As far as Ted's experience, I think it is really easy to sit outside something like this and point out where he went wrong. It's a really different thing on the inside. People make the best choices they can at the time.

I'm glad he told the story - if I'm ever in that situation, I think I have a much better idea of how I would approach it.

(And FWIW, I thought the US cover was butt ugly and would have never picked it up browsing in a bookstore.)
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Brendan
Posted on Sunday, March 06, 2005 - 08:51 am:   

No, no tar and feathering. Always interesting to hear various points of views. Obvioulsy, as an author, I am sort of pro-author, while you (Sean) have an insight into the publishing world that most of us don't.
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Minz
Posted on Sunday, March 06, 2005 - 09:14 am:   

I hope my posts haven't come across as against Ted--I have more than just sympathy in what happened to him and his book.

I came to Sean's defense because he was putting forth the conventional wisdom from a publishing perspective and being cursed at about it. Ridiculous.

I'm also very glad Ted followed up on his post. I wish I could comment more on my take on things, but I do have certain obligations, legally and ethically, even if I don't work for Tor anymore. And much of what I know about the whole thing is hearsay, regardless of what I believe. Which means if I had half a brain, I'd stay completely out of it.

And all of that being said, it's quite useful that this discussion has happened, I think. So thanks, Ted. (And thanks, Jeremy, for bringing it to our attention.)
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Sean Wallace
Posted on Sunday, March 06, 2005 - 09:15 am:   

Chance said I doubt the marketplace has a glut of the first short story collections of 3-time Nebula; Hugo, Campbell, Sidewise and Sturgeon award winning authors. I'd agreed. But this means exactly what . . . ? I'm sure that most small presses and larger publishing houses would give their right hand to do projects of this nature, but that's not really the point.

Ignoring for the moment that collections usually don't do quite as well as novels, the slot could have been given over to someone else easily enough, perhaps someone with not as much sell-thru , but perhaps with a lot less headache all around. And just because one has lots of award or lots of sales history doesn't necessarily make you indispensable. That was largely my point.
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Sean Wallace
Posted on Sunday, March 06, 2005 - 09:20 am:   

I wouldn't generally take my word for it, Brendan, as my limited small press perspective / experience doesn't really apply in scaling up, I suspect. Most of my comments are from my retail experience and from my marketing degree, however.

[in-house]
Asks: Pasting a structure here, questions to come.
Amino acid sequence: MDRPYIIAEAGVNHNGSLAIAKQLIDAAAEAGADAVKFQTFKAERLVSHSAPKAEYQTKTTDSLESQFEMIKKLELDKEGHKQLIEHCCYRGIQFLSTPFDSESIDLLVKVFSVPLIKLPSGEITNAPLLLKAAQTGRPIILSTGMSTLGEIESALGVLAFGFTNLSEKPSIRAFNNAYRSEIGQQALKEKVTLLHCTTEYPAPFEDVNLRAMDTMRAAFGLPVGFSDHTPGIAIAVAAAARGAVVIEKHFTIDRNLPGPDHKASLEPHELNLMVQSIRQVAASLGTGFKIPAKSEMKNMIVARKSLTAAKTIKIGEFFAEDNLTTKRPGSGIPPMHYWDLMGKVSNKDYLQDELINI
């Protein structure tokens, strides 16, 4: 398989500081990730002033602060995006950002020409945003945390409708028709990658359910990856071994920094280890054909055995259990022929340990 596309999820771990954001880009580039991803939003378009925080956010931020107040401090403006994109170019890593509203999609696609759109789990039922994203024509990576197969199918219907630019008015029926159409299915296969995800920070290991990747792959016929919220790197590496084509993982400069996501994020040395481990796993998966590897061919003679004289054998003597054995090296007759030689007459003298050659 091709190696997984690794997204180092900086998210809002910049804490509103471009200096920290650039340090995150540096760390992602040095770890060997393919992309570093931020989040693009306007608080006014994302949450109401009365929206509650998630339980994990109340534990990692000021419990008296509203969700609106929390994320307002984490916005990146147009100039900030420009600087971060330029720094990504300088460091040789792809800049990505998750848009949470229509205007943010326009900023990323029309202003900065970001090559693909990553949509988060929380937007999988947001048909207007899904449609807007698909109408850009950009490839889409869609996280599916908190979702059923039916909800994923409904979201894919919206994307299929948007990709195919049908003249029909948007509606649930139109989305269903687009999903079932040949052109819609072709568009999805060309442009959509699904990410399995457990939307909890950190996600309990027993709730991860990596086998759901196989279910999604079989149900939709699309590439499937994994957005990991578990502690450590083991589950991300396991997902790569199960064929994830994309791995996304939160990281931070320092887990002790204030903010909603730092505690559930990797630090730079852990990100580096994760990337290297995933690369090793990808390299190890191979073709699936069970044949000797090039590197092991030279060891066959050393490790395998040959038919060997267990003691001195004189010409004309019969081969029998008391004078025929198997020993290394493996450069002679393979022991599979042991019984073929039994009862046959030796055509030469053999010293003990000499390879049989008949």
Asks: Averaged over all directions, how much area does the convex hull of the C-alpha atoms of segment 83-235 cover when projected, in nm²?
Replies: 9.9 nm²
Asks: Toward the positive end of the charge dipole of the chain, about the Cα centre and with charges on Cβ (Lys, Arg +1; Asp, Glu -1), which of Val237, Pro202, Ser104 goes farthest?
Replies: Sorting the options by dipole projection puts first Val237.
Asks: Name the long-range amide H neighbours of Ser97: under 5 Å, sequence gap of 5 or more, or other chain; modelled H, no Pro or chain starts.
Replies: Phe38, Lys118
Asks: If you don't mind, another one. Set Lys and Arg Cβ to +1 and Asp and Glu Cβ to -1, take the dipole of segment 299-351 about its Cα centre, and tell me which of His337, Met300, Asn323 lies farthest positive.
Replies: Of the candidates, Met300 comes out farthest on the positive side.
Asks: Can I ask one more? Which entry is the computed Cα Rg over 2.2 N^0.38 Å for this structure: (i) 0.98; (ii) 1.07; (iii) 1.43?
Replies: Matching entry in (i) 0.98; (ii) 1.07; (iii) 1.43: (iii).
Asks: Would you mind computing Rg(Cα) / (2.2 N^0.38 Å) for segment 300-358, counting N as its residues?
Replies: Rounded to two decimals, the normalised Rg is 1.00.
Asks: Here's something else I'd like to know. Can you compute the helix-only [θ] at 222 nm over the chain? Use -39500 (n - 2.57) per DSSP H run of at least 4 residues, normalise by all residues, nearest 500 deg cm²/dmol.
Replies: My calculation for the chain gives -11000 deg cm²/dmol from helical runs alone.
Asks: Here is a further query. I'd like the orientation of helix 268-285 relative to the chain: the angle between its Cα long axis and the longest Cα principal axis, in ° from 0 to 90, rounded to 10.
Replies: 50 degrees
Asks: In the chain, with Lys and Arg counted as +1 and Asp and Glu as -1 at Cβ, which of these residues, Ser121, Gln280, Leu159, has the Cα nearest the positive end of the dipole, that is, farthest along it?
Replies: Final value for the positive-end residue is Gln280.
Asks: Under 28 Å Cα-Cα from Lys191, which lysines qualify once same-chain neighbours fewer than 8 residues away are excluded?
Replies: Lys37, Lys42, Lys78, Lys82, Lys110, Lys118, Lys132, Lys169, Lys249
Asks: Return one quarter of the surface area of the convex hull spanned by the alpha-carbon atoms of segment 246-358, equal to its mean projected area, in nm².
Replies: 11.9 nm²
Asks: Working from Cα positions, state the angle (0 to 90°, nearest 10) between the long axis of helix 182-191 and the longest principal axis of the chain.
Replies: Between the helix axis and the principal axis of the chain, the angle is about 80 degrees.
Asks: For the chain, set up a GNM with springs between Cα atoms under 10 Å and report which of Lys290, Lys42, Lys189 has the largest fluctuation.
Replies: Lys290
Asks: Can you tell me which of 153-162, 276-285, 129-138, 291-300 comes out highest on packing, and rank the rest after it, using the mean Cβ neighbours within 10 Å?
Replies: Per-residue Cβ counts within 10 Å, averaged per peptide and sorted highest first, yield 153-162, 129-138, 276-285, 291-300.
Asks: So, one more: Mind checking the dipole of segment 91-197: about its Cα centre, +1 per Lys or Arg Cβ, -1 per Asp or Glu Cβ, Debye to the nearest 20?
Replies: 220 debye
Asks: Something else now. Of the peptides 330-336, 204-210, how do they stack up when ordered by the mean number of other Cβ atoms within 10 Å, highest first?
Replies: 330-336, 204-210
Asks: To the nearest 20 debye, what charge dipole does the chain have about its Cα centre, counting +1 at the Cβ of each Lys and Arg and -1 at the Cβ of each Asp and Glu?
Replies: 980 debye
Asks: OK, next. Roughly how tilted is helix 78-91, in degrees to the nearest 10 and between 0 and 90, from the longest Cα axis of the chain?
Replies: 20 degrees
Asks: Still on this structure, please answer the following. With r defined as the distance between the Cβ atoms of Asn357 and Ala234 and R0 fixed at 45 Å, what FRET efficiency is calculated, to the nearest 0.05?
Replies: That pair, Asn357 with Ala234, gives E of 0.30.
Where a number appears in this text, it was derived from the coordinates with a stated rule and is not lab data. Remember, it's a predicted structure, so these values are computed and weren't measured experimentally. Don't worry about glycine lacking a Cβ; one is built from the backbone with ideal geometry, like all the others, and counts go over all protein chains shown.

I'm sure Minz, Klima, or Ellen would be in a far better position on this than I am, but I suspect that I simply have too much time on my hands, being chained to the desk 24-7. :-)
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Michael Walsh
Posted on Sunday, March 06, 2005 - 09:40 am:   

One of the scariest things a publisher can hear is "My friend/wife/husband/whatever is an artist and can design the book jacket". One of the few times this turned out Ok was when, at JHU Press, the friend of the author was Maurice Sendak.

Putting on the "small publisher" hat, designing the book cover is almost always a challenge. How best to get the eye of a)the person deciding to put the book into their store & b)the eye of the book buyer? Eveyone has an agenda.

Sometimes one is lucky, such as last year when attending Boskone I came across this in the art show: http://www.randylagana.net/images/paintings/ACF192.jpg

Painted just for his own amusement, Lagana had never read Simak's WAY STATION. Here's the cover: http://www.oldearthbooks.com/simak.htm

I still struggle over decided what's "right" for a cover.

Anyone have a brilliant suggestion for Christopher Priest's THE SEPARATION? Old Earth has US rights and it should be out for Readercon and Worldcon (oh ghod, I hope so!)

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Sean Wallace
Posted on Sunday, March 06, 2005 - 09:51 am:   

I'm so jealous, per Priest. (I loved the Scribner design). What are you generally looking for?
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chance
Posted on Sunday, March 06, 2005 - 11:35 am:   

Sean - Yes, I got your point. Mine was that Tor wasn't the only fish in the sea for Ted. Just as Tor could have replaced him, he could have replaced Tor. You give the impression that how the publishing house feels about his actions is the only important thing. It isn't.

Likely next time Ted will go to a reputable small press like Golden Gryphon or Small Beer and be much happier.